The NTJN’s Working to End Homelessness – Best Practice Series

We are excited to announce the launch of the Working to End Homelessness: Best Practice Series! In 2011, the National Transitional Jobs Network spearheaded the Working to End Homelessness Initiative (WEH) with support from the Butler Family Fund. WEH is an effort to highlight the importance of employment in preventing and ending homelessness, identify employment best practices, and spur an ongoing policy and systems change effort. To achieve these goals, the NTJN convened a national community of practice among employment service providers who target individuals experiencing homelessness. Over the course of a year the community of practice has helped us identify best practices and policy challenges in delivering workforce solutions to homelessness.

Today we are excited to share a series of best practice briefs that support current and future implementation of employment services for individuals experiencing or at risk of homelessness; raise attention and investment in employment services; foster best practice and model research; and promote systems integration efforts to support the employment needs and aspirations of these populations. The series includes briefs on:

Join the discussion today by commenting on this blog!

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About National Initiatives on Poverty & Economic Opportunity

Heartland Alliance’s National Initiatives on Poverty & Economic Opportunity is dedicated to ending chronic unemployment and poverty. We believe that every person deserves the opportunity to succeed in work and support themselves and their families. Through our field building, we provide support and guidance that fosters more effective and sustainable employment efforts. Our policy and advocacy work advances solutions to the systemic issues that drive chronic unemployment.

3 responses to “The NTJN’s Working to End Homelessness – Best Practice Series”

  1. Rachel Post says :

    I want to commend the National Transitional Jobs Network for the investment in the Working To End Homelessness Briefs and thank you for leading the effort to bringing employment to the front stage of ending homelessness. It was wonderful participating in this body of work and with so many of my colleagues from around the country who truly understand the significance employment plays in lasting solutions to ending homelessness.

    Rachel Post
    Policy and Resource Advisor
    Central City Concern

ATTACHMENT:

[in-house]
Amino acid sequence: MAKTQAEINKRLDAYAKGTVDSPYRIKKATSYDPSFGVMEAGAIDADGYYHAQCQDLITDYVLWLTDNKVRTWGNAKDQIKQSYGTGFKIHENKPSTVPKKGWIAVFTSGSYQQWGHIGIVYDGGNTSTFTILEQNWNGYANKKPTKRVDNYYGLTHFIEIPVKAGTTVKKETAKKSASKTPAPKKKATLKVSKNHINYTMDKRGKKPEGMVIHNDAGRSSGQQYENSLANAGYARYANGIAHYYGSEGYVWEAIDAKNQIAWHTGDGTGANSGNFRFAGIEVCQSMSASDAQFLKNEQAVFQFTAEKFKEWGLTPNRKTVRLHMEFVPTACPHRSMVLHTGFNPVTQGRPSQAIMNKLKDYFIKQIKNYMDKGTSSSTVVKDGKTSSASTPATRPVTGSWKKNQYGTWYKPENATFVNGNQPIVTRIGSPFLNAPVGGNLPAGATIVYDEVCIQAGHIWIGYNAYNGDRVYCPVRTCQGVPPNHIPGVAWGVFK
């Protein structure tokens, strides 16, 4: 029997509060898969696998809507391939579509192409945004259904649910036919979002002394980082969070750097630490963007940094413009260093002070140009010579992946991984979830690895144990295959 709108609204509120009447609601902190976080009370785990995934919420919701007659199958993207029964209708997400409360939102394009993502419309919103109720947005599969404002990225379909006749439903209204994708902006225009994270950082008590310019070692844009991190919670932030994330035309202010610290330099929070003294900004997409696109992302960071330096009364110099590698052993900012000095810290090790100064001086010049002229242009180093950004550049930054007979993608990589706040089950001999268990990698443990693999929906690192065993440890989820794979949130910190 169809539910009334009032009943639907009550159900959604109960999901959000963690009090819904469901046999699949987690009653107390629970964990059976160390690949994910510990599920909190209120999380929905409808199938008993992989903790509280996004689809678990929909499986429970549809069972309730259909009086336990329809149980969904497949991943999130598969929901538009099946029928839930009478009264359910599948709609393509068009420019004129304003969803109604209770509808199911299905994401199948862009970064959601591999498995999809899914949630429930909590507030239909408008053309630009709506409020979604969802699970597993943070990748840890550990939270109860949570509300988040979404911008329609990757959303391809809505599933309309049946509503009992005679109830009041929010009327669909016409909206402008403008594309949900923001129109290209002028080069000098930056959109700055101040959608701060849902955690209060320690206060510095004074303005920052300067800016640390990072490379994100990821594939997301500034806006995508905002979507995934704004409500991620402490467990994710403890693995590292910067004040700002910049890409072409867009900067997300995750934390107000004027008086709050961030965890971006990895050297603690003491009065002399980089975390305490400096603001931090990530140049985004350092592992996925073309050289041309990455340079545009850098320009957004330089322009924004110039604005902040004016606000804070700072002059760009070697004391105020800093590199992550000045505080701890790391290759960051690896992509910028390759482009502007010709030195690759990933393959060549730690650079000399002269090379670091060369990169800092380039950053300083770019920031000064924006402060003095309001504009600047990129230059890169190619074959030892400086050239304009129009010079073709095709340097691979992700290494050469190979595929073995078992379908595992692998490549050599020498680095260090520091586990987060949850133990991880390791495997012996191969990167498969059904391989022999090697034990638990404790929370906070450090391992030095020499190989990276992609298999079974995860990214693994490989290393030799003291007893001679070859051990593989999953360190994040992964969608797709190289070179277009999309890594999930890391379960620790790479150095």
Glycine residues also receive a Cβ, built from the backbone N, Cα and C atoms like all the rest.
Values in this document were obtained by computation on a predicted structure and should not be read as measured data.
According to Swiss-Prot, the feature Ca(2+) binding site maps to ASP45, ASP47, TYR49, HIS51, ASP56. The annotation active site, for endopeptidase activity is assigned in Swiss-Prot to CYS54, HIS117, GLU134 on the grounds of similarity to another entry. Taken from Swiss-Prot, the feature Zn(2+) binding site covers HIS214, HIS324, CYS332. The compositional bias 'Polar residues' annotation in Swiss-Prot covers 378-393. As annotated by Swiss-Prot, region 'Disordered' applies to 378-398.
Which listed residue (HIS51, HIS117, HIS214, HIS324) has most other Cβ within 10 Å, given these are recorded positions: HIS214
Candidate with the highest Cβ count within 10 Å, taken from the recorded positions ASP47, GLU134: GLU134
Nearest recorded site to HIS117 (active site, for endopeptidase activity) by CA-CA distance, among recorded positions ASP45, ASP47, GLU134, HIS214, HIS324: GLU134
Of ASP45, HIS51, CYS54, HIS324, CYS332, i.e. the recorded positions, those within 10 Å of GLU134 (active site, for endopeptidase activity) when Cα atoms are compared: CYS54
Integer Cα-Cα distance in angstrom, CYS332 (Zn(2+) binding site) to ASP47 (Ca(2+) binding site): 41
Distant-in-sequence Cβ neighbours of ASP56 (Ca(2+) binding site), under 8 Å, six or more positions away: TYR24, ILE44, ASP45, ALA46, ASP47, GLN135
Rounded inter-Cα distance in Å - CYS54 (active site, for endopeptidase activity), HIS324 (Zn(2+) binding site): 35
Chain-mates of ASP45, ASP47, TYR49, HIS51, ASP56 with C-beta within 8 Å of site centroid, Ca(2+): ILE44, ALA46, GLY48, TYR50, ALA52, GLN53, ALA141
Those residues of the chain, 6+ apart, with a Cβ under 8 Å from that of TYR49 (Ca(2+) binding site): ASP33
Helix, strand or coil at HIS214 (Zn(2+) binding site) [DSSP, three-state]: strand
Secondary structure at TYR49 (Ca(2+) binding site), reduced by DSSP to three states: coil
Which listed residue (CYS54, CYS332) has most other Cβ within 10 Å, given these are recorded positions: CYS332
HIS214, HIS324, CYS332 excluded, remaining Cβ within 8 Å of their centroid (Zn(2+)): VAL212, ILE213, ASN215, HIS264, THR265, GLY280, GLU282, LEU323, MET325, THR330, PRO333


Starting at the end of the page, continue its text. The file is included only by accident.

2. G says :

    I think through Federal and State efforts, communities can implement actions to put the unemployed back to work by funding employment opportunities like Transitional Jobs programs and invest in rebuilding infrastructure. The foreclosure crisis has festered into a housing crisis as millions of homeowners are forced into an inflated renter’s market as their finances further spiral out of control.

    Federal and State resources are only useful if implemented coherently. A clear line of coordination from the Federal to the state to the county to the community will ensure that these resources are utilized purposefully and without waste. Community informed coordination can help direct resources to the local infrastructure projects they truly need and to the specific housing solutions that have been found to work for them. Transitional Jobs programs can offer wage-paid, real work opportunities to those who need them now while benefiting communities. We can help turn the cyclical tide of these twin crises that have been feeding and supporting each other. To reverse them will require concerted effort and, yes money, from the Federal and State levels, but without this our recovery will face a long uphill battle against these twin crises.

  3. Nina Lindsey says :

    Excellent work! Congratulations to all the agencies involved in this important work and a special thanks to National Transitional Jobs Network for the awesome amount of effort they put into making this happen. St. Joseph the Worker is thrilled to have been a part of this process and is excited to continue these conversations with providers locally and nationally. One area in which St. Joseph the Worker will immediately benefit from these briefs is through an increased ability to train and orient our staff to best practices. As a small non-profit, it has sometimes been difficult to create training materials that give new staff and volunteers a high level view of the industry. We can begin to implement these immediately.

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